25. 25. Jason Mittell (2001) argues thatindustries use genre to sell productsto audiences. Media producers usefamiliar codes and conventions thatvery often make references to theiraudience knowledge of society,other texts.
  26. 26. Task – Jason Mittel’s theory.• You have 5 minutes to write down how youused real media products in your chosenindustry to help you construct yourproduct. How, for example, does the localnewspaper provide familiar expectations?• Back this up with at least 5 specificelements/examples from this industry thatshow how you have replicated/challengedgenre conventions.• Finally, write a sentence about how thesechoices would make sure your productappealed to your demographic.
  27. 27. • Genre also allows audiences to make choicesabout what products they want to consumethrough acceptance in order to fulfil aparticular pleasure.• Theorist Rick Altman (1999) argues that genreoffers audiences ‘a set of pleasures’.• This can also be linked to Denis McQuail’s(1972) theory on ‘uses and gratifications’ ofmedia texts for audiences.• Basically, the genre of your text will haveprovided your demographic/subculture withsome satisfaction upon their consumption.
  28. 28. Task – Rick Altman’s and DenisMcQuail’s theories.• You have 5 minutes to write down:• Altman’s three pleasures. Decide whichone might relate to your product and writedown in detail 5 examples from yourproduct which offer this for your audience.• McQuail’s four uses and gratifications.Decide which ones might relate to yourproduct and write down in detail 5examples from your product which offerthis for your audience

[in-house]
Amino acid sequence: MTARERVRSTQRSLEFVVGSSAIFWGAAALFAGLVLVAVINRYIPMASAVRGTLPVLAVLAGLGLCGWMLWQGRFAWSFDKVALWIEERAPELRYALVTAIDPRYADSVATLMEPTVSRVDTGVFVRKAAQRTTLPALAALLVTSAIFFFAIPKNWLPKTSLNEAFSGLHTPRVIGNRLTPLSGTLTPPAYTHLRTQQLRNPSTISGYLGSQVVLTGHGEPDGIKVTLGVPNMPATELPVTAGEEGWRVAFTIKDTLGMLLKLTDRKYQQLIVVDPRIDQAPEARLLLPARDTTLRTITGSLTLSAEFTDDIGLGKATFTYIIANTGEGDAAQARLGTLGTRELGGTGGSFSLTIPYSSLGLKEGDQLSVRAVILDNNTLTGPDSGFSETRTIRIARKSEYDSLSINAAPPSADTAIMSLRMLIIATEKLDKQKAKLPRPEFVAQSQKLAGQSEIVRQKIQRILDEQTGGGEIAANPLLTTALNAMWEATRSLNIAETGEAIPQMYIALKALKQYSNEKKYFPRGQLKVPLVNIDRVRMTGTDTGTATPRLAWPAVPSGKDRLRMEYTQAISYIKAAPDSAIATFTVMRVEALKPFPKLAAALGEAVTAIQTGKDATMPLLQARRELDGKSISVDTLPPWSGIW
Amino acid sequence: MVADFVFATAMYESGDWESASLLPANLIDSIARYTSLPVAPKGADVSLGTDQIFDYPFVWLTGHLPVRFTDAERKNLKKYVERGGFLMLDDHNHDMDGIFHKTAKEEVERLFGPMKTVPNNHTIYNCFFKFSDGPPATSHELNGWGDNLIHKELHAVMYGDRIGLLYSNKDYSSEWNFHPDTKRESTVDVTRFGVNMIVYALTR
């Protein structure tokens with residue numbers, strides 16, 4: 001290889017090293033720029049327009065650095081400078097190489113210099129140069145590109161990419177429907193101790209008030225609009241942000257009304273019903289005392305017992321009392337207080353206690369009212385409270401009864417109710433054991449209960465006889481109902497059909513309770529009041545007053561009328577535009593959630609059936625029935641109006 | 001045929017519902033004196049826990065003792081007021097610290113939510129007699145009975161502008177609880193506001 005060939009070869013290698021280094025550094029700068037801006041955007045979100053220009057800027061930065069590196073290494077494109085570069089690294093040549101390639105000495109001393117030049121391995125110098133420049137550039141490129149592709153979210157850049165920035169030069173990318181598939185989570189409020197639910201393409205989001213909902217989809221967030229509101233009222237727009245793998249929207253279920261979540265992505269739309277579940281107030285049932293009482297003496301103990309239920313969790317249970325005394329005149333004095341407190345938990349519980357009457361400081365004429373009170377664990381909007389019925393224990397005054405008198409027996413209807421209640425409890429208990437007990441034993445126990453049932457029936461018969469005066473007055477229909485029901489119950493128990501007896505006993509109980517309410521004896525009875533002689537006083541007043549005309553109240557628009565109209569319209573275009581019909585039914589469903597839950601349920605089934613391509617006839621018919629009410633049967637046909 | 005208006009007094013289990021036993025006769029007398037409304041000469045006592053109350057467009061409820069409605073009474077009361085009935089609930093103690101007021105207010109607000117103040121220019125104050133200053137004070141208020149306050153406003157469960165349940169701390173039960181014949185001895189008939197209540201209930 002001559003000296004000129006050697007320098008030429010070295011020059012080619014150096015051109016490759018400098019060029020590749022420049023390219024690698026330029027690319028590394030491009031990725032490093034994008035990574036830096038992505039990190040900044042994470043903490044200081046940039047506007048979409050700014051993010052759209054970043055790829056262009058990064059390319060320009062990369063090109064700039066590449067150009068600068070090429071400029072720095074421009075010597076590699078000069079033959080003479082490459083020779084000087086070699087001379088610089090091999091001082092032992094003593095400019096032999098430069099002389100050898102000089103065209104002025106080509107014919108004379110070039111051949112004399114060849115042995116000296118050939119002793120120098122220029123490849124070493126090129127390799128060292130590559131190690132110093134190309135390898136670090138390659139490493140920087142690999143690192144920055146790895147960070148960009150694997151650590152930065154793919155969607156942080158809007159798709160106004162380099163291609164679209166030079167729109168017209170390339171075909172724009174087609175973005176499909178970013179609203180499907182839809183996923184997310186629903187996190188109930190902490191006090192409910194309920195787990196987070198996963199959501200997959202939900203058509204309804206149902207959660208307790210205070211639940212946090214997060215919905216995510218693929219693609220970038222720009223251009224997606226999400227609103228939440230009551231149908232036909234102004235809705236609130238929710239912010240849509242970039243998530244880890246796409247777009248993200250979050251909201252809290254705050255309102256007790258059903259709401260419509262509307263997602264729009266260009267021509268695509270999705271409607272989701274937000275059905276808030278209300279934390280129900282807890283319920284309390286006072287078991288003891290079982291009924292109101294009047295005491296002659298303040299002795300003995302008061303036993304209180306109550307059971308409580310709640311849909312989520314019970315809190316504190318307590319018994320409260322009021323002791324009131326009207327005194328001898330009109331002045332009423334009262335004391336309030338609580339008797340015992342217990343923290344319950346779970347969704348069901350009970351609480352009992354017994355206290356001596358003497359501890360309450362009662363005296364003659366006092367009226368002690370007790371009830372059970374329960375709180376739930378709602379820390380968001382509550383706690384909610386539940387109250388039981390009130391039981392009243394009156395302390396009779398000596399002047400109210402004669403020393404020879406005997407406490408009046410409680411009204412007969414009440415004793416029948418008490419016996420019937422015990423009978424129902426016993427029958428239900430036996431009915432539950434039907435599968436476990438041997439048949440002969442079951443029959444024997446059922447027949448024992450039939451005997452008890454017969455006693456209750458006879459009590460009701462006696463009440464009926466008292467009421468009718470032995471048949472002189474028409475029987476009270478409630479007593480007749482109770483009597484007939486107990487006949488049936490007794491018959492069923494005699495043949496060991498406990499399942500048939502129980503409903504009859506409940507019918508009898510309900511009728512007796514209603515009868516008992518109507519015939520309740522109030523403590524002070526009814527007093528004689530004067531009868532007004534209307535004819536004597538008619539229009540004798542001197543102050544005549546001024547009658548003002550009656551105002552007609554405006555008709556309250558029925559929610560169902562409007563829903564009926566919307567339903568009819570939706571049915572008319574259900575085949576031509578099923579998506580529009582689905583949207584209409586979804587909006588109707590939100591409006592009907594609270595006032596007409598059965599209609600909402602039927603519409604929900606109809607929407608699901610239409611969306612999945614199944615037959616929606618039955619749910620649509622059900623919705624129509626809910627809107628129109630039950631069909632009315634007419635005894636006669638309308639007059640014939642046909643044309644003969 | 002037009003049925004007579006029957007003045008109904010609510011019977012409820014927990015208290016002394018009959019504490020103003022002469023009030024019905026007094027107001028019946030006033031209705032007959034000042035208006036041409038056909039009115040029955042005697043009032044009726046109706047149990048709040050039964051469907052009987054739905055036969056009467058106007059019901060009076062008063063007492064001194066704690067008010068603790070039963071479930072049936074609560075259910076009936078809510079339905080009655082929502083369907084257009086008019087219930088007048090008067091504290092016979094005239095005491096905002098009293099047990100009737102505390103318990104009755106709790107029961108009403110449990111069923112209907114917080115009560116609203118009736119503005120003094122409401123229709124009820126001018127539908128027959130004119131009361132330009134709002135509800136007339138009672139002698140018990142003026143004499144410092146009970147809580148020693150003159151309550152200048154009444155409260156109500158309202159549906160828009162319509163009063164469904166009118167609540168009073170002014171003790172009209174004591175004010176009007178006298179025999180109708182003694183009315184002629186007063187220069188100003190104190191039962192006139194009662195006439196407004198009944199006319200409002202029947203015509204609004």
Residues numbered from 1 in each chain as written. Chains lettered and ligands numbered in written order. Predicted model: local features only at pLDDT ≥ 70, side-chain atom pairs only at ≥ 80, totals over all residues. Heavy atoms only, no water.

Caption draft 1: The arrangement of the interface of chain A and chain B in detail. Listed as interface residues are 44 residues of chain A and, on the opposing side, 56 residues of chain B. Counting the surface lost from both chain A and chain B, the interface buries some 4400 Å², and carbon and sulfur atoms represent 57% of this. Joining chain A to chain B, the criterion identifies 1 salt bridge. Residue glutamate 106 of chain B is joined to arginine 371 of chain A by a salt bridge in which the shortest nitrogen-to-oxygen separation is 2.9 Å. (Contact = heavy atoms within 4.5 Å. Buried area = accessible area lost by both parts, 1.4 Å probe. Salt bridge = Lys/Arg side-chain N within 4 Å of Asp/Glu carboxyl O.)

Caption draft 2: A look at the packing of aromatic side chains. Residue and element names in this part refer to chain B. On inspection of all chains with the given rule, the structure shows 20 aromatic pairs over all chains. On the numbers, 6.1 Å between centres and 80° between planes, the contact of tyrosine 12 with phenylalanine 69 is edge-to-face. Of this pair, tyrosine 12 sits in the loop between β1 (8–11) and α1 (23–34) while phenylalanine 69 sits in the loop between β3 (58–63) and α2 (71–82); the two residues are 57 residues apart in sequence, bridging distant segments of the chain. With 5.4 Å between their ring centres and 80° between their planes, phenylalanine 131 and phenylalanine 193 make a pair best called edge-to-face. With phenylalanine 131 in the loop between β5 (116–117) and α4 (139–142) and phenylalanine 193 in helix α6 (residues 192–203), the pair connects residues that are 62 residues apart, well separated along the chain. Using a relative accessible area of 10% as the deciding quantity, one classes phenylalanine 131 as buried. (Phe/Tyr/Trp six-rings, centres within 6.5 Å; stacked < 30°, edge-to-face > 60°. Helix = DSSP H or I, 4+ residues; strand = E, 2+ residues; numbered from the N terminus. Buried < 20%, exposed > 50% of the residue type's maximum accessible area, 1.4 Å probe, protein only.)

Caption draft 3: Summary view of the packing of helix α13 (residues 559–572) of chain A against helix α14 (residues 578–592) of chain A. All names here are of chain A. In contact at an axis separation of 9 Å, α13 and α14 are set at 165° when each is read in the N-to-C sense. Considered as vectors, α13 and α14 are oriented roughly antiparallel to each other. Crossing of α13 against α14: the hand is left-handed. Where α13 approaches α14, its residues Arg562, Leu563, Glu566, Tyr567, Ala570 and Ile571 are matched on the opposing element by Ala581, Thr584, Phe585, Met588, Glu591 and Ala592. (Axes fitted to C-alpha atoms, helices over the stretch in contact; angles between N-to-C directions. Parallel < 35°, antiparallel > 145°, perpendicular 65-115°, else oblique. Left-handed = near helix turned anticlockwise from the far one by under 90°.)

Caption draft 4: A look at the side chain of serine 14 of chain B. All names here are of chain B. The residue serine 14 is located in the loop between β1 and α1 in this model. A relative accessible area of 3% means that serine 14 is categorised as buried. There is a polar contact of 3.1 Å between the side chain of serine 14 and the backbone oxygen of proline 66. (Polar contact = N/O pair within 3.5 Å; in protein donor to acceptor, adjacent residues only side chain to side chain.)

29. 29. Genres are not fixed. They constantly changeand evolve over time – your courseworkproductions, as we have discussed, arepostmodern pieces and/or adapt to changes toadvances in technology.Christian Metz (1974) argued that genres gothrough a typical cycle of changes during theirlifetime.David Buckingham (1993) argues that genre isnot... Simply "given" by the culture: rather, it is ina constant process of negotiation and change’.Steve Neale (1995) “genres are processes ofsystemisation” – they change over time.
  30. 30. Task – ‘Evolving’ genretheories.• You have 5 minutes to write down:• How your product is part of a genre thathas changed over time.• Give 3 examples of texts that were part of‘experimental’ or ‘classic’ ideas ofyour product within the genre and 5examples that show your text as a‘classic’ or as an ‘evolving’ piece.
  31. 31. Certain genres are also said to havecertain themes.David Bordwell (1989) notes, anytheme may appear in any genre‘.
  32. 32. Task – genre themes.• You have 5 minutes to write down:• 5 themes that appear within your productthat are part of your genre.• Back each one up with examples fromyour work.
  33. 33. Plenary• Write down 3 genre theorists (notincluding Chandler or Grant) that you havelearnt today and what they have said.• Write down 2 pieces of medium specifictheory and relate it to your sub genre.
  34. 34. Homework“Analyse one of your courseworkproductions in relation to genre”.